I decided to form a Facebook group for working moms. I know it's not the same as a real life play group (and I hope that we can eventually get to the point of planning outings), but it is nice to have a little space where we can support one another.

    Anyway, you're not alone. **And I'm not implying that stay at home moms don't work, I realize raising children is a lot of "work" and requires an incredible amount of responsibility, compassion, etc.

    1. Yes! I am an engineer. :) I will have to see if I can find any local working mom groups on FB! that is a great suggestion - thank you so much for it. I hope you are able to connect with some mamas soon. It is so hard and it would be so nice to have encouragement/people who are going through the same stuff as you in this season of life.

  2. Hi Danielle
    I really relate too. When I came back from China to the UK I was shocked at how few women were working at all or full time after their 2nd kid (or even first). It's a fully valid choice not to work or work part time- just not one for me. it left me feeling very alone or even odd: the vast majority clearly had made a choice I hadn't made. Why were their reasons or situations so different to mine that we took such different decisions? Partly cultural norm, partly I still don't know what else but maybe my drive to be a professional over a professional mum- which I recognise stay at home mums become: proficient professionals in their 'deployment' of parenthood!
    Anyway - this was a particularly tough realisation because as we were relocating we had no circle of friends locally and needed to start one- except the cultural norm was for women to hang out with each other during weekdays while they would fiercely protect family time at the week end.

    I also never really met any new people because the meeting points were school / nursery gates and neither me nor my husband socialise there and if we even turn up at these gates, we zap by as quickly as we can.

    Eventually I decided to start a Facebook group for full time working parents in my area. I can't say it has brought up friendships (in fact we have never met in person yet) - but when the going gets tough I reach out to this group for their tips/ perspective etc. it makes me feel less alone against a universe that seems to be set so differently to the way I have choicefully decided to engage with it

    I also lead a women network within my organisation to ensure women have fulfilling careers and opportunities. The beauty of this network is that it has brought friendships because it cuts across all departments and rallies us and our allies on the basis of shared perspective on gender opportunities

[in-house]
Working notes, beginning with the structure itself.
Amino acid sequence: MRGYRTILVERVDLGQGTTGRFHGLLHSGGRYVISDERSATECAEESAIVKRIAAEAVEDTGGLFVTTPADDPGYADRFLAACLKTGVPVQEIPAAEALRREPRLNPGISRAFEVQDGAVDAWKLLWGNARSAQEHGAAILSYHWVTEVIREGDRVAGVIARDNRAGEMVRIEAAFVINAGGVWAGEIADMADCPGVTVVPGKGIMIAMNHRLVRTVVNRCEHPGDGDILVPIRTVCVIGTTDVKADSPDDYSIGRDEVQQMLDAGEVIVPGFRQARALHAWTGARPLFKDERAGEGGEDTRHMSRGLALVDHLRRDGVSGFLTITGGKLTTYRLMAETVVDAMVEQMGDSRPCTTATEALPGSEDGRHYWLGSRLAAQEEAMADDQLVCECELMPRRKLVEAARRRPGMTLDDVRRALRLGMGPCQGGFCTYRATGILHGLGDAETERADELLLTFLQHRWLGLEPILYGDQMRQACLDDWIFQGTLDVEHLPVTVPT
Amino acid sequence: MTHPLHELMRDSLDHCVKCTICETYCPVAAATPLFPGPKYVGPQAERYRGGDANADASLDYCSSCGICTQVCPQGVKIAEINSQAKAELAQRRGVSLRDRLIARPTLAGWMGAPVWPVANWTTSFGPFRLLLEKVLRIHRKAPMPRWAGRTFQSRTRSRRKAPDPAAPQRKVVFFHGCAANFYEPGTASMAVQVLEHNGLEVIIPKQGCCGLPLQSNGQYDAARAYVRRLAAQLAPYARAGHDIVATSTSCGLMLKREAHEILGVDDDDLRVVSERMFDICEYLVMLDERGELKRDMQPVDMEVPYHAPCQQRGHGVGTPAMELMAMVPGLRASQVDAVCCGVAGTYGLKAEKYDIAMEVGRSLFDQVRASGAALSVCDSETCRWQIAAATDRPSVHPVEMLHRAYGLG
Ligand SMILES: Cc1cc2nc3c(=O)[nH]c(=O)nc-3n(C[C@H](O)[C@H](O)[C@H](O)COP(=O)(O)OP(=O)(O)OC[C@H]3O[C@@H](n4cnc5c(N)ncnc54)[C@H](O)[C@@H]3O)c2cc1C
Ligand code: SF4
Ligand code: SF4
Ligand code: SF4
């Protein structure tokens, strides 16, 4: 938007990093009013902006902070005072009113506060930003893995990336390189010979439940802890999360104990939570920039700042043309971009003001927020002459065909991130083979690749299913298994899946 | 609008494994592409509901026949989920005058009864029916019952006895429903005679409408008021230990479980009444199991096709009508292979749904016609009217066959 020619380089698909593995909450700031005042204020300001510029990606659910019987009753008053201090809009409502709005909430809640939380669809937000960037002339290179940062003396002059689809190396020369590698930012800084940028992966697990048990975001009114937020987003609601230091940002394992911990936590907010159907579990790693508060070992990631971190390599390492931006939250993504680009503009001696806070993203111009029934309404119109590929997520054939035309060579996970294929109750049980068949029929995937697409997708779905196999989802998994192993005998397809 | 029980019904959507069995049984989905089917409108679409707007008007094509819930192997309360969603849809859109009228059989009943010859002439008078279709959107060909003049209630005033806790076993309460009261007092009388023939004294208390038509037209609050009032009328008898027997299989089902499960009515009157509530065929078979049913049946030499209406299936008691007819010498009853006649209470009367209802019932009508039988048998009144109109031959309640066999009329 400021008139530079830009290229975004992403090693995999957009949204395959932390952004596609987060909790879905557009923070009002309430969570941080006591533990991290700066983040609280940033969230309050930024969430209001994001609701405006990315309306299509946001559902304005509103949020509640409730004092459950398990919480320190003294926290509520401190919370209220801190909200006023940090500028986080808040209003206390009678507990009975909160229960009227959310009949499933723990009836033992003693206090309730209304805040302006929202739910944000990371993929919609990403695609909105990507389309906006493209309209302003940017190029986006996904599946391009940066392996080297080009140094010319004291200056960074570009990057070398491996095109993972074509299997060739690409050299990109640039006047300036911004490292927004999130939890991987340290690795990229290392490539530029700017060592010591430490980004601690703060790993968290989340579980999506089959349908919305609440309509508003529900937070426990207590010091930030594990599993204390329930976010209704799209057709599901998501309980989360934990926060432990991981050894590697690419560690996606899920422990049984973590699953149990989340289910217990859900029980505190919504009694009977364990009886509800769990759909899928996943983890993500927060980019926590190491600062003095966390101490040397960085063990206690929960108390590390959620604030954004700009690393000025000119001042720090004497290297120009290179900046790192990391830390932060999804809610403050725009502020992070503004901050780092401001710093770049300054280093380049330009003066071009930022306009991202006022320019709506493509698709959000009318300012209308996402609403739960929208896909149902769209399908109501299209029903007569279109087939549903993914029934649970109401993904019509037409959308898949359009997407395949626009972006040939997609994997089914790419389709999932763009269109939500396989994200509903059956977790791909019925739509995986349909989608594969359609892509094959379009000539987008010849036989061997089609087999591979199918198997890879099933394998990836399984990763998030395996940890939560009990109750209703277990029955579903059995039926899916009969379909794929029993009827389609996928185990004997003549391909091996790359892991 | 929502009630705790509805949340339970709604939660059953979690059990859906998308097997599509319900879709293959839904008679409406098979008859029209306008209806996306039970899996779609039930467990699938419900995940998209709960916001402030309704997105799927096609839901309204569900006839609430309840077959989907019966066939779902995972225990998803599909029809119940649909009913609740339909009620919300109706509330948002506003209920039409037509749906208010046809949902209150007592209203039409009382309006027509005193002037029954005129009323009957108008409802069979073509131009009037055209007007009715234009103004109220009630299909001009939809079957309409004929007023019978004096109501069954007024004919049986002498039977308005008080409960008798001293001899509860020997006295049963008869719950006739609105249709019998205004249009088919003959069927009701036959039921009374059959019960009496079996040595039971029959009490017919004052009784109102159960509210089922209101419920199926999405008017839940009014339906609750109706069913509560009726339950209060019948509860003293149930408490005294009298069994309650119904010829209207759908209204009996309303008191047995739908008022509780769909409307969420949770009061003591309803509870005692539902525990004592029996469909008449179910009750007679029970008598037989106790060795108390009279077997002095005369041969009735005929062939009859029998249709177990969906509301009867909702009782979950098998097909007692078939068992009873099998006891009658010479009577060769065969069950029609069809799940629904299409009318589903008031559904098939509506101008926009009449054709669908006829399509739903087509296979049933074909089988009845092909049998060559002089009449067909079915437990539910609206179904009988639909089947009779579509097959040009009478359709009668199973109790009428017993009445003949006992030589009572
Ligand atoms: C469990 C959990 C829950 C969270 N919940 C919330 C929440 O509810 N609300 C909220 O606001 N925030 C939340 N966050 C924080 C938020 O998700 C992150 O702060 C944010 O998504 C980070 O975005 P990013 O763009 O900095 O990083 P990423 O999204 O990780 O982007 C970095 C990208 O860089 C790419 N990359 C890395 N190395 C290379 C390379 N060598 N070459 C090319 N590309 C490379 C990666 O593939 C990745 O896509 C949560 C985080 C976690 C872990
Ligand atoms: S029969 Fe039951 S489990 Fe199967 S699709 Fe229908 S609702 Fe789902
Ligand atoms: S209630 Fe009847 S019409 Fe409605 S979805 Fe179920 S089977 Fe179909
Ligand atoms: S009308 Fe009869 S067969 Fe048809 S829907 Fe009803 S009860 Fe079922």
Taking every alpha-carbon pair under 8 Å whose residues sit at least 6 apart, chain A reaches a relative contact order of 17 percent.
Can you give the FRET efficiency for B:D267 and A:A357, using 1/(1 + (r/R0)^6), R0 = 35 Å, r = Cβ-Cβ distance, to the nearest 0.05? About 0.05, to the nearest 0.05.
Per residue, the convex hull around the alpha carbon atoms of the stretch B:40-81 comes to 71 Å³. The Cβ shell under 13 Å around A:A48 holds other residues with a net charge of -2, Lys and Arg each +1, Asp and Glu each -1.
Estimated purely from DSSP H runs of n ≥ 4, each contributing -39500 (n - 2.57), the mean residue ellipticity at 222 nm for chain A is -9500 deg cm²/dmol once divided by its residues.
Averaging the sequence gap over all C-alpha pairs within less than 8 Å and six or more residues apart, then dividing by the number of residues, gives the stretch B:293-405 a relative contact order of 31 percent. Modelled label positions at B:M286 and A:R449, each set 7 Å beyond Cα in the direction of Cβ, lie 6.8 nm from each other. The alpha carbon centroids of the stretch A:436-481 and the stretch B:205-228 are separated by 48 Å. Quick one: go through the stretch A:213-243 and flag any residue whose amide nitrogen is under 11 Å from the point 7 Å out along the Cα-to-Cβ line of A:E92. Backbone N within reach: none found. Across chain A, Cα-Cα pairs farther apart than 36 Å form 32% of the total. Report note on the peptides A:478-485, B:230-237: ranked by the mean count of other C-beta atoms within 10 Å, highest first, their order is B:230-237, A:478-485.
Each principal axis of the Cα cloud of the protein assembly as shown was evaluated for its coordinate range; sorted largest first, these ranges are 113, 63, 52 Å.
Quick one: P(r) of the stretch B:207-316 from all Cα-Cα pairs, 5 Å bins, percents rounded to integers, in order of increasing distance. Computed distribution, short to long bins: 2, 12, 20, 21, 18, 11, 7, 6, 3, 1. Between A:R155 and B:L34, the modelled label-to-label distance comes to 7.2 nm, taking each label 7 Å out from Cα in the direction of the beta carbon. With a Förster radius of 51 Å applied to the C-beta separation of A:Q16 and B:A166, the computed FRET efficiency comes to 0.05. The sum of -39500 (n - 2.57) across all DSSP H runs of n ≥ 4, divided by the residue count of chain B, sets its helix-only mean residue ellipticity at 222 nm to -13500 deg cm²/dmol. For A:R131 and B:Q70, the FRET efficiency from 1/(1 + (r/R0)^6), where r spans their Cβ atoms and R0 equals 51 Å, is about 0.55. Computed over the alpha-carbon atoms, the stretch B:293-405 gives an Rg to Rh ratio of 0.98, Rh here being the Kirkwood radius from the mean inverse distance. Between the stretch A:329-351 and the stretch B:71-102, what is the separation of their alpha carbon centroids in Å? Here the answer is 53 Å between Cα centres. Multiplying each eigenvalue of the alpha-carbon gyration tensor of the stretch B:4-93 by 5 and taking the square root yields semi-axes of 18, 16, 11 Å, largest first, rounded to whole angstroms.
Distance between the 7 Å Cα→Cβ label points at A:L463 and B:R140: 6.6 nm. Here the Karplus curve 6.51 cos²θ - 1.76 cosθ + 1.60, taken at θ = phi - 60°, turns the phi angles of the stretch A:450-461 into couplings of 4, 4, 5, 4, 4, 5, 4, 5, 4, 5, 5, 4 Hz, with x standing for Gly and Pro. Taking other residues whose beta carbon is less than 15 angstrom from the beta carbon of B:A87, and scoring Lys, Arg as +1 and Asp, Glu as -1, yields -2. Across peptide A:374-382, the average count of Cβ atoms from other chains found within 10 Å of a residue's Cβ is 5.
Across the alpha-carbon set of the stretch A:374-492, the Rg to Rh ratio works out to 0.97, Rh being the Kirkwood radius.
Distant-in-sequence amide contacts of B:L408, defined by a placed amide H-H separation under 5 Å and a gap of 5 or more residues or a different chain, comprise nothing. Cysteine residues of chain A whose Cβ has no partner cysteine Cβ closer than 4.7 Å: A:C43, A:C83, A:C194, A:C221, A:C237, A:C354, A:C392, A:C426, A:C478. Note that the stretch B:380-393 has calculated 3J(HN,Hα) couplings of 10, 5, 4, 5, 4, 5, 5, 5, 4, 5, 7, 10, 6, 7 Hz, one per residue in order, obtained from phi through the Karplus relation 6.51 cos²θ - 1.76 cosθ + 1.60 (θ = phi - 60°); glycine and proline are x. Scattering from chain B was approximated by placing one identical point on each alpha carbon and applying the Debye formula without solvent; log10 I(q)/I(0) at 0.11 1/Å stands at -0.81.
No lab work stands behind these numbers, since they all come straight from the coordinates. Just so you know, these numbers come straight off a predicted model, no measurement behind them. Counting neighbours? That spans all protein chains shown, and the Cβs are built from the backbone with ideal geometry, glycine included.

Recently I attended a leadership development program at UCLA where I spent a whole week with 50 ambitious women aspiring one day to be on boards - the learning was fantastic but the best was finding my own kin, feeling ok with my choices, meeting other women in successful careers with up to 4-5 kids! How inspiring!

    There is safety in numbers and finding those networks has helped me. Hasn't filled the diary with play dates at a time convenient to me but has brought a sense of less self inflicted isolation by just knowing I was not alone to make these choices.

    Finally and this may be the harder part to digest - you may need new friendships. Some that will look at you as a professional and a mum - rather than make you feel odd for not being there whilst the old circle meets ; new friendships that are more synchronous with the rythm of your family life & activities

    I don't know if that means discarding all the old ones; I don't think it has to come to that; but sacrifices must be made both ways. I am sure you try as best as you can to fit in their schedules wherevee possible; do they? Those that don't even try for you? What does that mean?


    1. Helene I can only imagine what it feels like to be on this side of things PLUS in a new country. I will definitely look towards Facebook--have any tips for keywords I could search?